[BLK] Keep It Up!

Now what if you want to praise your colleagues or are leaving work and wishing your coworkers well?

Try this:

  1. 수 – Su
  2. 고 – Go
  3. 하 – Ha
  4. 세요 – Seyo

The first two characters mean “effort” and the entire phrase translates to “work hard”. What it means in Korean culture is equivalent to “keep up the good work”. Usually said when you’re leaving an office or place of work and saying farewell to the staff there.

Use this to cheer your compatriots on!

You can do it! Keep up the good work!

[BLK] Want Some? Get Some!

Today we’re covering a useful phrase for asking friends if they would like something:

  1. Insert item here
  2. 드 – Deu (doo doo doo~)
  3. 실 – Sil (sitting on it)
  4. 래 – Lae
  5. 요 – Yo

So if you want to ask someone if they want coffee or tea, simply add 커피 or 차 in front of this phrase!

Or if you want to ask them if they want…a little sump n’ sump. You know…김치를.

[BLK] Pretty! Pretty Shit

Today we celebrate all things bonita! And pretty poop.

  1. 예 – Ye
  2. 쁘 – Peu (pronounced poo)
  3. 네 – Ne (like neko-chan)
  4. 요 – Yo (because yo is I in Spanish…?)

So today’s phrase means “you are pretty”, a nice compliment to pay a lady. It comes from the term 예쁘다 which means pretty.

Simple as that. Go nuts!

I mean with the phrase, not literally go insane.

And if all else fails, when they ask how you are, just show them a picture of the pretty shit.

[BLK] Let’s Go!

Let’s go guys! To today’s Korean lesson with Bunni!

  1. 갑 – Gap (like the carp fish)
  2. 시 – Si, pronounced shee (like the doge)
  3. 다 – Da (like Da Vinci)
  4. Bonus panel!

Vamonos! Allonsy! Lass uns gehen! Ok that last one doesn’t quite roll off the tongue, but in case you’re little lost, these all mean “let’s go”!

So when you want your Korean friendo to follow you somewhere, just yell “gapsida!” at them. If they follow you, then…you’re onto something.

Go get ’em, tiger! I mean, Bunni.

[BLK] Cutesy Wutesy Wabbits

Today’s phrase is a little longer, so I’ve had to squeeze them together a little.

Let’s read through the hangul!

  1. 너무 – Neomu (like a normal distribution)
  2. 귀 – Kwi (like the character for ghost in Chinese)
  3. 여 – Yeo
  4. 워요 – Woyo (the name for that type of tribal mask)

Want to guess what this phrase means? Getting any flashbacks to a certain viral hit from 2013? The Kwiyomi?

Yes, 귀여 means cute! And this phrase translates to “so cute!”

Doge meme

And I imagine you can use it for either gender in Korea (considering how cute the boys are there)!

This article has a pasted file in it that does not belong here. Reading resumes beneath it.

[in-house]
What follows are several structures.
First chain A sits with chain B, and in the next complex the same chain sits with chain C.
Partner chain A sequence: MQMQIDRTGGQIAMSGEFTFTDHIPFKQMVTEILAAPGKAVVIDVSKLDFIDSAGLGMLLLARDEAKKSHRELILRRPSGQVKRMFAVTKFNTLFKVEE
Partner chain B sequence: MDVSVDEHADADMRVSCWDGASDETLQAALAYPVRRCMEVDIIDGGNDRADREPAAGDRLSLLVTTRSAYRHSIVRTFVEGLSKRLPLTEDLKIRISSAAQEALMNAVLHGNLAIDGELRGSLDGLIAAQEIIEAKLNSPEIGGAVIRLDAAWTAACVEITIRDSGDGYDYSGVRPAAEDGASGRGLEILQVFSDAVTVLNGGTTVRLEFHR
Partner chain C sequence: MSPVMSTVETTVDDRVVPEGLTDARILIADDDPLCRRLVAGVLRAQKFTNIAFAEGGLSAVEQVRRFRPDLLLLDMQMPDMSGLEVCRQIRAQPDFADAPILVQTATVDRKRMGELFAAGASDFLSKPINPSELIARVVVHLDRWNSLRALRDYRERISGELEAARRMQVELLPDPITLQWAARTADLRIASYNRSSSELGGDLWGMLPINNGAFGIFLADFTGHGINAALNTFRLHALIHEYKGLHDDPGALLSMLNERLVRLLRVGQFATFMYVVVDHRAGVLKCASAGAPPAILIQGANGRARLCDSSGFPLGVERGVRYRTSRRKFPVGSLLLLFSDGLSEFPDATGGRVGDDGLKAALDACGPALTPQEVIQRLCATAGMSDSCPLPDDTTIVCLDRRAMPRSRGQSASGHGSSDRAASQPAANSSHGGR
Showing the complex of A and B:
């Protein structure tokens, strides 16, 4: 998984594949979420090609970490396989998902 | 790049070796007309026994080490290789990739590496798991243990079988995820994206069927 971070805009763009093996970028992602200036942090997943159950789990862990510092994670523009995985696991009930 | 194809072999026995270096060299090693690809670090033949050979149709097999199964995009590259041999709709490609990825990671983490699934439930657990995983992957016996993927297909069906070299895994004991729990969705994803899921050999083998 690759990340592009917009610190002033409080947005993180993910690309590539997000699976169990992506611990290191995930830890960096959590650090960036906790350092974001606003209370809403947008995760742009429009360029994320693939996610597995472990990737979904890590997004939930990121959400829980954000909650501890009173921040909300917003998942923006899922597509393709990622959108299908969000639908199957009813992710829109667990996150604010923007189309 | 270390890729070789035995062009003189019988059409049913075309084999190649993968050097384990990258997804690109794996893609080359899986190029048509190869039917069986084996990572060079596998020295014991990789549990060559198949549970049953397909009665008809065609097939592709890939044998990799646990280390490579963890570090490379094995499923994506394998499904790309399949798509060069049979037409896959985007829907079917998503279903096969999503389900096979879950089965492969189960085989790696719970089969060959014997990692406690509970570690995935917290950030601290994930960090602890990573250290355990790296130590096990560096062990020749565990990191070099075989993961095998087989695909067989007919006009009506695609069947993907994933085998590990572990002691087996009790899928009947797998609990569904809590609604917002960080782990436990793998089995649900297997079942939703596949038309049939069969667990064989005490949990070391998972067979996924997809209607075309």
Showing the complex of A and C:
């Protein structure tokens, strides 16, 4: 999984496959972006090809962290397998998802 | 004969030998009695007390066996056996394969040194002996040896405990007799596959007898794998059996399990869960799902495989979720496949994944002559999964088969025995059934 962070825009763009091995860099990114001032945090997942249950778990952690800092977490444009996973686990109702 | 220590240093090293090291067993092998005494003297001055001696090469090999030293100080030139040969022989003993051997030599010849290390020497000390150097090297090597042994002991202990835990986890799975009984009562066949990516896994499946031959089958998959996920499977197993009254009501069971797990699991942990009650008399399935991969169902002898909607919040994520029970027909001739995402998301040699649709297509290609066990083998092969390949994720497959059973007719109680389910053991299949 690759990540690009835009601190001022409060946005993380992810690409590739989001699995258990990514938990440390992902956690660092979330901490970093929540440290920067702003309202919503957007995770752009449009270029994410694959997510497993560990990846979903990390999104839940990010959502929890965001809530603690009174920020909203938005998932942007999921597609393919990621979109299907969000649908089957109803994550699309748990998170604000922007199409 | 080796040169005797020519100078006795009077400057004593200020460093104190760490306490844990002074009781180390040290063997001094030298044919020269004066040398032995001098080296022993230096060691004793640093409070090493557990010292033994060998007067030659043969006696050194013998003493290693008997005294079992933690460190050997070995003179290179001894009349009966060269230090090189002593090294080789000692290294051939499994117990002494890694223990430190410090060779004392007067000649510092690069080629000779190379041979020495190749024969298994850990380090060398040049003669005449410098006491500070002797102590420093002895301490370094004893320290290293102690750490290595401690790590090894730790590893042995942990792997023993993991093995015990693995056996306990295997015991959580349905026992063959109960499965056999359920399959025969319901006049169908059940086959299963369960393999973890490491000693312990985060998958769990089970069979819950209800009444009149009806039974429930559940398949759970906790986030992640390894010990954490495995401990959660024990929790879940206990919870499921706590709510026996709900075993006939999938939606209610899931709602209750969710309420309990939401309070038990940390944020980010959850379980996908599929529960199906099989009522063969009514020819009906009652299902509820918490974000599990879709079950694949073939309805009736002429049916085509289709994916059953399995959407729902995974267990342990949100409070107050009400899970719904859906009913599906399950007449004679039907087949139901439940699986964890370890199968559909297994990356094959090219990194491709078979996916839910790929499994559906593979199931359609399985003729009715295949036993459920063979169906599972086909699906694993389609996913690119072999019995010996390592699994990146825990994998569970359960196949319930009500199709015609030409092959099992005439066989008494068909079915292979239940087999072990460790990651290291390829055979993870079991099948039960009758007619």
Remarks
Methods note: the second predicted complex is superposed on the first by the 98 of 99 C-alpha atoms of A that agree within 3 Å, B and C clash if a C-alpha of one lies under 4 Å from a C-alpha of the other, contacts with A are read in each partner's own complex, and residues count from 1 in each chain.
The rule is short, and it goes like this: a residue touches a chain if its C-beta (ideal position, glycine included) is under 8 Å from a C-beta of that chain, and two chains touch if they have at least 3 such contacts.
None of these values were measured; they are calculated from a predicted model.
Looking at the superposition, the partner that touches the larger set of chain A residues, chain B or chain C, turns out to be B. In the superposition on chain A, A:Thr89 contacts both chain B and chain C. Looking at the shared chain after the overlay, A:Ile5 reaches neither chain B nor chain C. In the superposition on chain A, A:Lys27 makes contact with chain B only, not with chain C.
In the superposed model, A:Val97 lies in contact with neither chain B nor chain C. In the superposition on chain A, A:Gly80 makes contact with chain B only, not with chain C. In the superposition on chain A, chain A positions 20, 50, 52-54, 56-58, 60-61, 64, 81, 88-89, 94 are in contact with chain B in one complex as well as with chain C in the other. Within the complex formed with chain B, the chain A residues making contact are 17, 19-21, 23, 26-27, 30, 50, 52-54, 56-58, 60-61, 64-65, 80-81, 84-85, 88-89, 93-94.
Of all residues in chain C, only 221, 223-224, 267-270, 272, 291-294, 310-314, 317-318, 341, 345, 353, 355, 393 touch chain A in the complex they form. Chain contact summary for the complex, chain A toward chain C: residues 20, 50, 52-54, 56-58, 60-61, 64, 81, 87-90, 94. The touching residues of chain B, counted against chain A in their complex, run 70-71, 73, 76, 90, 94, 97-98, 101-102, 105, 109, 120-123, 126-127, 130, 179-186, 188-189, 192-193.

Have fun with it! And stay tuned for more cutesy wutesy wabbits!

[BLK] Addressing Your Elders

In Korean culture, it is of vital importance to honour your elders, and one way of doing that is addressing them appropriately.

There are many different honorifics for different genders and age groups and backgrounds. Today we’ll look at two basic ones.

  1. 오빠 – Oppa
  2. 누나 – Nuna

No doubt you’re superbly familiar with the first one, but perhaps not so much with the second. They’re basically the same, except for the gender of the person you’re addressing.

If you are in a relationship with someone older than you, it’s respectful to use the correct title (“오빠” or “누나”). If they are younger (or your peer), then you can use their name directly when addressing them. In Korean it all depends on your level of closeness.

Below is a table I borrowed to show how and when to use which title:

FromToUseExampleRomanization
FemaleYounger male(Name)레온 사랑해Leon saranghae
FemaleOlder male오빠오빠 사랑해요Oppa saranghaeyo
MaleYounger female(Name)케이티 사랑해Kathy saranghae
MaleOlder female누나누나 사랑해요Nuna saranghaeyo

I’m curious what happens if you meet someone for the first time and you’re not sure if they’re older or younger than you. I suppose that would be why in Asia it’s typical to ask a person’s age, whereas it might be seen as impertinent in Western culture.

Anyway, pair it up with yesterday’s compliment and give it a shot!

[BLK] You’re Looking Great Over There!

Welcome to another Bunni Learns Korean (BLK) session!

Always wanted to show your admiration for that Korean friend of yours? Well now you can!

Tell them they look great with this simple phrase:

  1. 멋 – Meot (kind of like that little powdery flying insect)
  2. 지 – Ji (gee, what was I going to say again?)
  3. 네 – Ne
  4. 요 – Yo

This means “you look great!”

Koreans tend not to use second person pronouns very often. Instead they just state their point and it is assumed that they are addressing the listener. Or due to their communal nature, they refer to things in the third person, like “we” or “our”.

So a lot of these phrases don’t have a “you” part in it. If literally translated, this phrase just means “great” or “awesome”. And as always, the 요 bit is a politeness suffix like “khap” or “kha” in Thai; if you’re conversing with a friend or someone close you could easily drop the 요’s.

Bunni Learns Korean: Check Please

Today we’ll attempt something slightly longer, and something useful for when it’s time to leave the eatery.

  1. 계 – Gye
  2. 산 – San
  3. 해 – Hae
  4. 주세요 – Juseyo

Now if you remember from a previous lesson we learned the phrase “juseyo”, which means please in a giving context. In this case, we are requesting the bill or check, so it is appropriate to use “juseyo” because we are asking for something to be given or done for us. Politely, of course.

So this phrase as you may have gleaned means “check please”, or literally “please calculate for me”.

Now if you secretly want to treat your non-Korean friends at a Korean restaurant, you know what to say. You’re welcome.

As usual, there’s a podcast detailing the pronunciation. And other things.